The Jill Meagher and Rolf Harris’ case are examples of major media coverage of sexual assaults where these misconceptions held by the public are reinforced, known as confirmation bias. Levenson et al. (2007) also discussed the media as a probable influence in participants incorrect opinion regarding sex offenders. Across the news reports that covered the Jill Meagher case are demonstrations of adjectives designed to cast the offender in a negative light. The offence was described as ‘the worst kind’ that the ‘grotesque and soulless’ Adrian Bayley gained ‘sadistic pleasure’ from (ABC, 2013; Akerman, 2013; Merhab & Cresswell, 2013). This is a clear example of media construction of a schema resulting in a negative stereotype the public will apply to all judgments involving sex offenders in future encounters. This stereotype is further ingrained by juxtaposing the offender against the positive framing around the victim, Jill Meagher, who is described as having a ‘soft lilting...voice’, and a ‘brilliant mind and a beautiful soul’(Legge, 2013; Merhab & Cresswell, 2013).
Less than 12 months after the Jill Meagher case, another high profile case provided further evidence of the media feeding these existing stereotypes around sex offenders with the Rolf Harris case. He was portrayed as a ‘predatory sexual pervert’ with a ‘dark side’ who had little remorse for the 50 years of deeply entrenched sexually deviant behaviour he engaged in (ABC, 2014; Guilliatt & Magnay, 2014; Pettifor & Myers, 2014). Similarly in the Jill Meagher case, it was publicised that Adrian Bayley first rape charge was at 19 years of age. This referencing to time in both cases in relation to their sexual offences reinforced the misguided public opinion that sexual offenders have the highest rates of recidivism (Levenson et al., 2007).
Thus, we can see media framing of sex offenders creates negative schemas that play on cognitive shortcuts we use when making judgements. The Jill Meagher and the Rolf Harris case provide two high profile examples of this. With the final stage of treatment for sex offenders being successful rehabilitated back into the community, for them to have this chance a well educated community is needed to accept them free of prejudice and willing to provide a supportive environment for a fresh start. For this crime issue to be resolved, sex offenders need to be successfully rehabilitated into functional members of their community. It is vital for the media to present the public with accurate and unbiased information, to allowing them to reach their own, untainted judgements on sex offenders.
The overall benefits of rehabilitation of offenders shows how those who were successful in their treatment should not have to be isolated from the community and how it is more successful in reducing crime, rather than remaining in the prison system. The negative effects of incarceration contradicts the notion of rehabilitation and decreases their chance of becoming rehabilitated. Although there is a push for tougher restrictions on offenders from the public and there is a demand for access to a sex registry, there is no evidence that this would have positive consequences on rehabilitation and rehabilitated offenders. Releasing the registry would cause more issues with those who were convicted for sex offences they did not commit. The rehabilitation on willing offenders should not be stigmatized and those who are successful should not have to deal with the burdens of their former self despite how the media pushes the negative stereotype onto the public.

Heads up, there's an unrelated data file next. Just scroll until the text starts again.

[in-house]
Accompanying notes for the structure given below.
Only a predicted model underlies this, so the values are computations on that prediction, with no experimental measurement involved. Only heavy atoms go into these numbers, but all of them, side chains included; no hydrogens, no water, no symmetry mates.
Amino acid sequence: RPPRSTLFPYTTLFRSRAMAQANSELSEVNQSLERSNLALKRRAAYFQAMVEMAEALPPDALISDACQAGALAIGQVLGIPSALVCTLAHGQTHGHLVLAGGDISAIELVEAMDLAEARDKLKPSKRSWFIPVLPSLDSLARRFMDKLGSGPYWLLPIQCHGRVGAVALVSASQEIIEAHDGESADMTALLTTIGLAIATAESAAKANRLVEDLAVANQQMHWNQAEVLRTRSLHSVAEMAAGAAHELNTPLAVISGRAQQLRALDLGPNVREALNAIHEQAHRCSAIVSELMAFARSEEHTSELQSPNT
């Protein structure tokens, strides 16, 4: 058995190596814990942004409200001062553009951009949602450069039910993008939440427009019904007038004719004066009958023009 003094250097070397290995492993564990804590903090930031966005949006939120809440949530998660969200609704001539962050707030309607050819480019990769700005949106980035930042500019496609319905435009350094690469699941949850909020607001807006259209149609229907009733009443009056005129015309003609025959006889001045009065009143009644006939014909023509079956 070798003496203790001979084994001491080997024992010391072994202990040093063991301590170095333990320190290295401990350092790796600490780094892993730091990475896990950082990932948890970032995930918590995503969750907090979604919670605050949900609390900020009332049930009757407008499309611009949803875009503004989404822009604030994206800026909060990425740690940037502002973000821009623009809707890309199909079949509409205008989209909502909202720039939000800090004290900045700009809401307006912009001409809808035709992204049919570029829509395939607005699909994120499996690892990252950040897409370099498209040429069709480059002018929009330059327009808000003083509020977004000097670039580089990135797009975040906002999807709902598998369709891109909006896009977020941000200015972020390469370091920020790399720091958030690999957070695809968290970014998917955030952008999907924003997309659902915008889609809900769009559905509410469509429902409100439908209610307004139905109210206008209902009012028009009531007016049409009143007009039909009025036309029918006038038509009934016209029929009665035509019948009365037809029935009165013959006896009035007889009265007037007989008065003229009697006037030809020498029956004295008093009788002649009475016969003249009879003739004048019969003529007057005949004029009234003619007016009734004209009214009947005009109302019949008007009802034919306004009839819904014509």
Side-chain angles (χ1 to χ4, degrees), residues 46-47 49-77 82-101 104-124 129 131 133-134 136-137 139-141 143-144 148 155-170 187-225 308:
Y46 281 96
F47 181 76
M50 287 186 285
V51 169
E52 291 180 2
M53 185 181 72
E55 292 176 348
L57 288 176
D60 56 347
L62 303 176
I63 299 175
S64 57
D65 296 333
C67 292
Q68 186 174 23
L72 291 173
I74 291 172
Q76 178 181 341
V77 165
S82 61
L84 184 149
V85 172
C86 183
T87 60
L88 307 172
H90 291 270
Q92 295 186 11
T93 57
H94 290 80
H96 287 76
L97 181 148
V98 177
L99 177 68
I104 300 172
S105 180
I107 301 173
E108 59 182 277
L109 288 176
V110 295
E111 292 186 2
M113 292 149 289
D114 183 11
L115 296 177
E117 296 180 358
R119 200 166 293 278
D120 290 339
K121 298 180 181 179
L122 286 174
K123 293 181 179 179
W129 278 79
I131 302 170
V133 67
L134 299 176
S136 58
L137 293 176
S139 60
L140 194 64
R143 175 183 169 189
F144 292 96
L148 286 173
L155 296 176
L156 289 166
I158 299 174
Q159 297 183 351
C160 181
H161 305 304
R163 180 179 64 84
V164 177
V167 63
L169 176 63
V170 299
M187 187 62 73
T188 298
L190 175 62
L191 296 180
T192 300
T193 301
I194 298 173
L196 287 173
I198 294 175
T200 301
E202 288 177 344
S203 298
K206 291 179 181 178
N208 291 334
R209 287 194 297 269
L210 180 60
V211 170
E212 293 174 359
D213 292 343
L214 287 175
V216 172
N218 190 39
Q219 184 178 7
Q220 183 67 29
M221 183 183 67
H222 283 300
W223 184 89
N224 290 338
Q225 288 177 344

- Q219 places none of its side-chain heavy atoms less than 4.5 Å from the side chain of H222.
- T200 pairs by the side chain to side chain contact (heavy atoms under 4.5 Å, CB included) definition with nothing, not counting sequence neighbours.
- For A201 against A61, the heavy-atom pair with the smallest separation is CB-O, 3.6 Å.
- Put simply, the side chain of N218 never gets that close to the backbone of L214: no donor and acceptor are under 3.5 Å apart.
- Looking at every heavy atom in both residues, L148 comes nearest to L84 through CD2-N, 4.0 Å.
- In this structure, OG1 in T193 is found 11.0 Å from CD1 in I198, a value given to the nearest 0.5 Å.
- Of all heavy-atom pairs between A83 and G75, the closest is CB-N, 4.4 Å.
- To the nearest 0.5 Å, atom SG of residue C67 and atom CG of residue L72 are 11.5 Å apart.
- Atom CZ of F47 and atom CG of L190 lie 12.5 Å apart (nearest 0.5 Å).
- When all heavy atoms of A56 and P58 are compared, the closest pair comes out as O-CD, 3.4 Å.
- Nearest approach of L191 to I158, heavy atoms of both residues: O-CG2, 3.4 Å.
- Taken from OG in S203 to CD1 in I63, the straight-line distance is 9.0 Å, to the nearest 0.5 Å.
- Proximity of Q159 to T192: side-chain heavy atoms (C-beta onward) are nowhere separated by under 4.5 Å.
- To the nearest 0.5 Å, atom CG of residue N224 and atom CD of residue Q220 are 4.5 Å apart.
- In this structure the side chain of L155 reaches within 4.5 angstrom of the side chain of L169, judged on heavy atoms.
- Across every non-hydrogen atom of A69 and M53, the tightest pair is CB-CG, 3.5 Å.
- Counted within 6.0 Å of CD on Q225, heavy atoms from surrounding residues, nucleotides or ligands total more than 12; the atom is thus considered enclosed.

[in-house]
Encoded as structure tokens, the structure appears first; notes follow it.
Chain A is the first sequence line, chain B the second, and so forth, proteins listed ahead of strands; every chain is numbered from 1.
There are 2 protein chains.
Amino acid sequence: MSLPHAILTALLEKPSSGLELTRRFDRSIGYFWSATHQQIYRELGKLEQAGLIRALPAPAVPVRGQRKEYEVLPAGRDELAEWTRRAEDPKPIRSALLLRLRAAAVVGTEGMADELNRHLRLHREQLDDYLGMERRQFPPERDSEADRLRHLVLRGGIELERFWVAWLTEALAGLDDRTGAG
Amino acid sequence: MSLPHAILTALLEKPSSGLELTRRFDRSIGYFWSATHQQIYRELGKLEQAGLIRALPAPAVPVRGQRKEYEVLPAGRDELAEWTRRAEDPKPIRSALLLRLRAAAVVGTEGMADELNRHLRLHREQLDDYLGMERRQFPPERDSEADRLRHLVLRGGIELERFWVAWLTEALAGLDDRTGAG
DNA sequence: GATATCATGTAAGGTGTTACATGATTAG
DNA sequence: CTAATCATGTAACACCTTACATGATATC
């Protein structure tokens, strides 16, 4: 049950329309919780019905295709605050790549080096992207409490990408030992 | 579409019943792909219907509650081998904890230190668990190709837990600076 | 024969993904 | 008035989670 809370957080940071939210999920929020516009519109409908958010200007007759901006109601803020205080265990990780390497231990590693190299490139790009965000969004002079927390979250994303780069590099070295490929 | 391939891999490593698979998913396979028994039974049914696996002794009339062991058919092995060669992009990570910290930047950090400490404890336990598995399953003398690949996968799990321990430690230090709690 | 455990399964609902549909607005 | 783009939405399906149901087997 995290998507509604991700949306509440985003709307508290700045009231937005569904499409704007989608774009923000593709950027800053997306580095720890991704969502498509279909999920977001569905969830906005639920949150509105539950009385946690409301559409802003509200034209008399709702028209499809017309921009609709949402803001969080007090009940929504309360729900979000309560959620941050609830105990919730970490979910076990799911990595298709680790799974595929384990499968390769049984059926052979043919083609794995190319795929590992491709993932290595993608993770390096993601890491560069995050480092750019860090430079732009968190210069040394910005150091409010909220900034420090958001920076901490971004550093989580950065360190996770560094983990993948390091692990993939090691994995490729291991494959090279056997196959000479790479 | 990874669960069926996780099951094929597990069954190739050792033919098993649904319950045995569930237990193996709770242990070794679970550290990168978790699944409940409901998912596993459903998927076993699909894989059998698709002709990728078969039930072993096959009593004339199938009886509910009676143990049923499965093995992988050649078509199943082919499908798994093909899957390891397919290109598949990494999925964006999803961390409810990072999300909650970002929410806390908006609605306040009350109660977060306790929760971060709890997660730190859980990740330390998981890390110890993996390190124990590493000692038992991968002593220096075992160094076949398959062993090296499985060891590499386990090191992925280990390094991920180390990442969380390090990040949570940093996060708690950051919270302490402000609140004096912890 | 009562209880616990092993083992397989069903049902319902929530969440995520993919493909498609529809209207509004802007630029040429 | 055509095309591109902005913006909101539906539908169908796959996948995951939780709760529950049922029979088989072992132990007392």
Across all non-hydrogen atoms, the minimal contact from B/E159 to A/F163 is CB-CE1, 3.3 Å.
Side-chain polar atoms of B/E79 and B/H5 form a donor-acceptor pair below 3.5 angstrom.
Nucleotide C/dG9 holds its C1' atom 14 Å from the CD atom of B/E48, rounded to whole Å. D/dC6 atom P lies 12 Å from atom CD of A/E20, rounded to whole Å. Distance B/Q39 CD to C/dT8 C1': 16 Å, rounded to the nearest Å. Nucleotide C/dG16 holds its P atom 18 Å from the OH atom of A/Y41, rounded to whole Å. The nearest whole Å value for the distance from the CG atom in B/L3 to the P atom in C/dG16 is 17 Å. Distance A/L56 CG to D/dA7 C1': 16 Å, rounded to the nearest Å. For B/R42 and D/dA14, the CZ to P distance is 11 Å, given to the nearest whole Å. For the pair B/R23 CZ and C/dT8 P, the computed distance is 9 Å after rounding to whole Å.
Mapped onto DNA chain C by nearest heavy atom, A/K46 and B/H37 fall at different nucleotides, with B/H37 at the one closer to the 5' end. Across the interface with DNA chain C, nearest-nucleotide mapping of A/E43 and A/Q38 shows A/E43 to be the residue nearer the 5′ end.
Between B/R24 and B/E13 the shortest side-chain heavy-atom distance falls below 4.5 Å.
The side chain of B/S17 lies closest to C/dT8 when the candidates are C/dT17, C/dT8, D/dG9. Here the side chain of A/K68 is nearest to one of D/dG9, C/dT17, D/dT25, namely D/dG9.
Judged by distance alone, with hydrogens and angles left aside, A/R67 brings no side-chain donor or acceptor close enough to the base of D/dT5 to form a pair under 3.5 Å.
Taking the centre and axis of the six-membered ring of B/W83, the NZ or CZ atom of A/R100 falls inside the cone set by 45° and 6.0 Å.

This video explains why stereotypes about juvenile sex offenders has the potential to create more victims and clarifies some of the current stereotypes of juvenile sex offenders and sex offenders in general.
Myths of Juvenile
Sex Offenders
Under the Crimes (Serious Sex Offenders) Amendment Bill 2013, criminals who are classified as “serious sex offenders” are to be held in prison or supervised in the community beyond their initial given sentence. However, it is advocated that this may not be an effective method of punishment, as engagement in rehabilitation programs are perceived to be more successful in reducing crime, rather than offenders remaining in the prison system.

When offenders are incarcerated, they are subjected to a certain prison socialisation whereby the effects of rehabilitation are undermined. The environment of prisons can be hostile and anti-social, exposing younger and inexperienced offenders to prisoners with a more extensive criminal record (Clear, 1996). “The acceleration of criminal careers caused by imprisonment would wash out at least some of the crime prevention effects of prison” (Golub, 1990, as cited by Clear, 1996, p. 4), indicating that as long as criminals are sharing their knowledge of the criminal world, prison will remain to be ineffective.